The Commonwealth’s Appeals Court recently issued a Massachusetts workers’ compensation decision affirming the determinations made by the Administrative Judge and Reviewing Board granting temporary and permanent benefits to a bank teller who suffered a series of back injuries at work. The employee first reported transitory back pain in 2011, but she was asymptomatic for two years following her treatment. In 2014, she had another round of back pain after lifting several coin rolls from the floor to take to a service window. The employee managed to return to work but experienced increasing back pain for several months. The employee left to treat the pain and came back, but she eventually left for good in January 2015 after the pain refused to subside.
At the hearing, the judge found the teller suffered an industrial injury in 2014, which resulted in total disability from July 12, 2014 through November 3, 2014, and again from January 2015 and ongoing. The insurer was directed to pay the compensation for those periods as well as payment for the necessary medical treatment provided. The insurer appealed, arguing the Board’s decision upholding the administrative judge’s award was arbitrary and capricious, and it was not based on the evidence provided in the record.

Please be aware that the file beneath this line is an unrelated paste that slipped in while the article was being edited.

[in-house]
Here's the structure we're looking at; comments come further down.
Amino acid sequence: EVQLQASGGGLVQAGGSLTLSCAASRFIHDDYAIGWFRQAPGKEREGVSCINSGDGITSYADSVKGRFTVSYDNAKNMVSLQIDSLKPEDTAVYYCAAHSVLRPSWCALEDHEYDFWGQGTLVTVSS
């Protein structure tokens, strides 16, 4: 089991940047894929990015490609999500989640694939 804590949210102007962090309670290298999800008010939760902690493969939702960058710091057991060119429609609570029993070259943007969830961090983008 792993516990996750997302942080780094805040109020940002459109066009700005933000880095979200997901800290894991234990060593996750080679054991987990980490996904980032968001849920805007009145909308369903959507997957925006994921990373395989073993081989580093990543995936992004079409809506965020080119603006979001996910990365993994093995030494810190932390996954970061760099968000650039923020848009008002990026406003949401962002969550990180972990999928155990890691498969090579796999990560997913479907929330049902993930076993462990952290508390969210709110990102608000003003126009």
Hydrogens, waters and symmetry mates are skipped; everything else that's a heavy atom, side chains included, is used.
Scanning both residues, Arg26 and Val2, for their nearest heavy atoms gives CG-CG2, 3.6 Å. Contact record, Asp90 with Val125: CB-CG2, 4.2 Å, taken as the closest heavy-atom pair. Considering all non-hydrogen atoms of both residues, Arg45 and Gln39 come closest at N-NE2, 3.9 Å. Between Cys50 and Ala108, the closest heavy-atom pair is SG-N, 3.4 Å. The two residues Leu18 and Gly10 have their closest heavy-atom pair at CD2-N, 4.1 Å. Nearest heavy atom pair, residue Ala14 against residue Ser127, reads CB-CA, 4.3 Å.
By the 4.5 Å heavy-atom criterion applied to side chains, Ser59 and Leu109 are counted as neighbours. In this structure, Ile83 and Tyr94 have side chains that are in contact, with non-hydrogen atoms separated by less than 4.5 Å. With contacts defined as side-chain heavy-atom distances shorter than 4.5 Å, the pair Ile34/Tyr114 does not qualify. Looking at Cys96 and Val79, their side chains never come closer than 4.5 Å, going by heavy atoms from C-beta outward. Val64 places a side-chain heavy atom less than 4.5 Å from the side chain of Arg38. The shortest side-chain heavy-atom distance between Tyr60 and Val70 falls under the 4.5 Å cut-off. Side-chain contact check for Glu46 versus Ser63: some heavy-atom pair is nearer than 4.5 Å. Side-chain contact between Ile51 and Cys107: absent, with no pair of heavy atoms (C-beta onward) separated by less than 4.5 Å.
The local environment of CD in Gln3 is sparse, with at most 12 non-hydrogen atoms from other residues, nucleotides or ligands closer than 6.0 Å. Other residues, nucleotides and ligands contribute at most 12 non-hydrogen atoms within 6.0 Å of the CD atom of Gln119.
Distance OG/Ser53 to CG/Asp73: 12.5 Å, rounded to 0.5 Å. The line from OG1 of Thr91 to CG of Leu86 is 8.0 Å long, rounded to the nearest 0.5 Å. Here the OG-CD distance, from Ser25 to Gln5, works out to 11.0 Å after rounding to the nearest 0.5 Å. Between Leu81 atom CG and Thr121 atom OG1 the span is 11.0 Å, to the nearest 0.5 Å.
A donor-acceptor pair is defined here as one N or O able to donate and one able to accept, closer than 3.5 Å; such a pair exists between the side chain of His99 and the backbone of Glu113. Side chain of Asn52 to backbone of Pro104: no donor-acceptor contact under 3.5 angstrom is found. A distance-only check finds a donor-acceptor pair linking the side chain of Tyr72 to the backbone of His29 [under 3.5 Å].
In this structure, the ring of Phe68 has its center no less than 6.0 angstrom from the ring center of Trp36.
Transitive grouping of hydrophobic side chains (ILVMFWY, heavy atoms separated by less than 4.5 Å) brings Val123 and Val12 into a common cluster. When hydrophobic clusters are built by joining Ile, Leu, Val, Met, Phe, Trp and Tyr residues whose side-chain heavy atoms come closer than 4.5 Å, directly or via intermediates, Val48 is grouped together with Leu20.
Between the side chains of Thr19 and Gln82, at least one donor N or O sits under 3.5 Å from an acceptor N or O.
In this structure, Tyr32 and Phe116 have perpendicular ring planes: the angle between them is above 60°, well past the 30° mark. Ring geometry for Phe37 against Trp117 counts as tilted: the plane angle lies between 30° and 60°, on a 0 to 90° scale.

The appellate court found the evidence, although conflicting, supported the judge’s findings and conclusions in favor of the teller. The administrative judge found the teller’s testimony to be credible and persuasive, and he adopted her account for all of the substantive points. The submitted notes and testimony from the treating and examining physicians backed up the teller’s testimony, and the accident in March 2014 was determined “with reasonable medical certainty” to be the cause of the teller’s pain. The judge adopted the opinion of the physician who concluded the teller was unable to carry out her previous work functions. While this opinion differed from the other physician’s testimony, the court found it was within the judge’s discretion to adopt one opinion over the other.